Getting the download link through email is temporarily not available. Please check back later.
To get the free app, enter your mobile phone number.
The Best American Sports Writing 2012 Paperback – December 7, 2012
|New from||Used from|
The Amazon Book Review
Author interviews, book reviews, editors picks, and more. Read it now
Frequently Bought Together
Customers Who Bought This Item Also Bought
Top Customer Reviews
Many of these essays explore the often tragic personal costs of sports, particularly those sports, like football and hockey, where repeated blows to the head are an almost unavoidable feature of the game. Of the three or four essays that dealt with the effects of concussions, "Punched Out, the extended profile of hockey's Derek Boogaard, is the best.
Other pieces point out how sports act as a positive influence, serving as an escape from poverty and abuse. The profiles of Frank Shorter, the famous marathoner who was abused as a child, and of Aliquippa, Pennsylvania's high school football program are both excellent.
My single favorite piece was Taylor Branch's devastating attack on the NCAA, "The Shame of College Sports." It underscores just how cynically the ideal of "amateurism" has been manipulated in college sports, and how the organization that is supposed to represent and protect "student-athletes"--in a bit of Newspeak-like censorship, the NCAA requires that journalists use this label rather than "players"--often does just the opposite, extracting wealth.
If I had a complaint about the principle of selection, it is that these essays almost exclusively survey the human or business side of sports. There ought to be a place here for a few pieces that represent the best technical analysis of gameplay, player technique, coaching, or strategy.
Then I remembered that Michael Wilbon is the guest editor. Wilbon's schtick in the last 15 years has been to rip sports as a business and a social phenomenon. He hates all owners, the entire NCAA infrastructure, and most players. He hates the media hype surrounding the sport, even as he has parlayed it into an ultra-lucrative career in which he doesn't have to actually do any hard journalistic work any more. Basically, he name-drops his pals from the 1980s and 1990s and moans about how today's athletes are coddled, or cheaters, or stupid, or whatever. This book reflects his bias in many ways.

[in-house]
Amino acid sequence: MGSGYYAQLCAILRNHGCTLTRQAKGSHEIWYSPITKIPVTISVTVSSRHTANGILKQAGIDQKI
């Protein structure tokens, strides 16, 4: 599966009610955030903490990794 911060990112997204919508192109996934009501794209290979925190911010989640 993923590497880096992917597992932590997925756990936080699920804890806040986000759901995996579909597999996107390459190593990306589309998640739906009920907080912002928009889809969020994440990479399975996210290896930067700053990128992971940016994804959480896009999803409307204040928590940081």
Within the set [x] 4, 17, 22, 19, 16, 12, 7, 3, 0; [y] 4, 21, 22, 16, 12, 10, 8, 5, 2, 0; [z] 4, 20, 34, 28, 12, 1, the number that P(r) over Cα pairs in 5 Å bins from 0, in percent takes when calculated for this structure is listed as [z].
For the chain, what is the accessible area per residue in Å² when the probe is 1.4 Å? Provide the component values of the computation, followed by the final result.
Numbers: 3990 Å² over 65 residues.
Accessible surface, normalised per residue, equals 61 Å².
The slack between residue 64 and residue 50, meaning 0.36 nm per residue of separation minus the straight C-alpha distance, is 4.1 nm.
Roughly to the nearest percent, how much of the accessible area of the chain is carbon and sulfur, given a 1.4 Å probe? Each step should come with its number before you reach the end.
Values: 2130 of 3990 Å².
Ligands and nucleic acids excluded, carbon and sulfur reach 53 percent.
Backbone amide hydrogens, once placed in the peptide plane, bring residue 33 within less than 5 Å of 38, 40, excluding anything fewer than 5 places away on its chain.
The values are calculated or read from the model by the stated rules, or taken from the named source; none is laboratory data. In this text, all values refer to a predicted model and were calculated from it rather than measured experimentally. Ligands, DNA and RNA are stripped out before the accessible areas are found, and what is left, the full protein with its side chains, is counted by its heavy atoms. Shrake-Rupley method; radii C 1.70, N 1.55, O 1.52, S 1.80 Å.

By the end of the book, I'd calmed down a bit. I enjoyed the pieces about kooky Rangers manager Ron Washington and rakish sportswriter George Kimball. I'd seen the pieces about Bryce Harper and Novak Djokovic when they were first published, but I enjoyed re-reading them with the reflection time to have enjoyed watching those players ascend the heights that were only beginning when the articles were written.Read more ›
Most Recent Customer Reviews
Unmissable. Great selection of articles. It will make you excited about sports you don't even like. I was amazed by the articles about cricket and hockey.Published on November 30, 2013 by Matteo
Unmissable. Great collection of articles. You'll be completely captivated even if they talk about sports you don't like. I loved the cricket and the hockey ones.Published on November 30, 2013 by Antonella Cadeddu
The series is great, and I always enjoy reading the current issue as it is released. Always spans a wide range of sports-related subjects.Published on October 29, 2013 by RussellBerrien
Great collection of articles, I recommend to all sports fans. Most pieces are both interesting and informative. Worth every penny.Published on October 6, 2013 by dylan
Didn't want to write a review really, but it's required - I just felt the stories were too long and a little repetitive.Published on August 24, 2013 by Deb
Well written accounts of behind-the-scenes trials and tribulations (and successes) of very interesting sports figures. Read morePublished on July 29, 2013 by Descca
Definitely not the best sports writing of the year. Maybe some inspiring sports stories, but not great journalism. Not worth the time.Published on July 24, 2013 by Guy Reader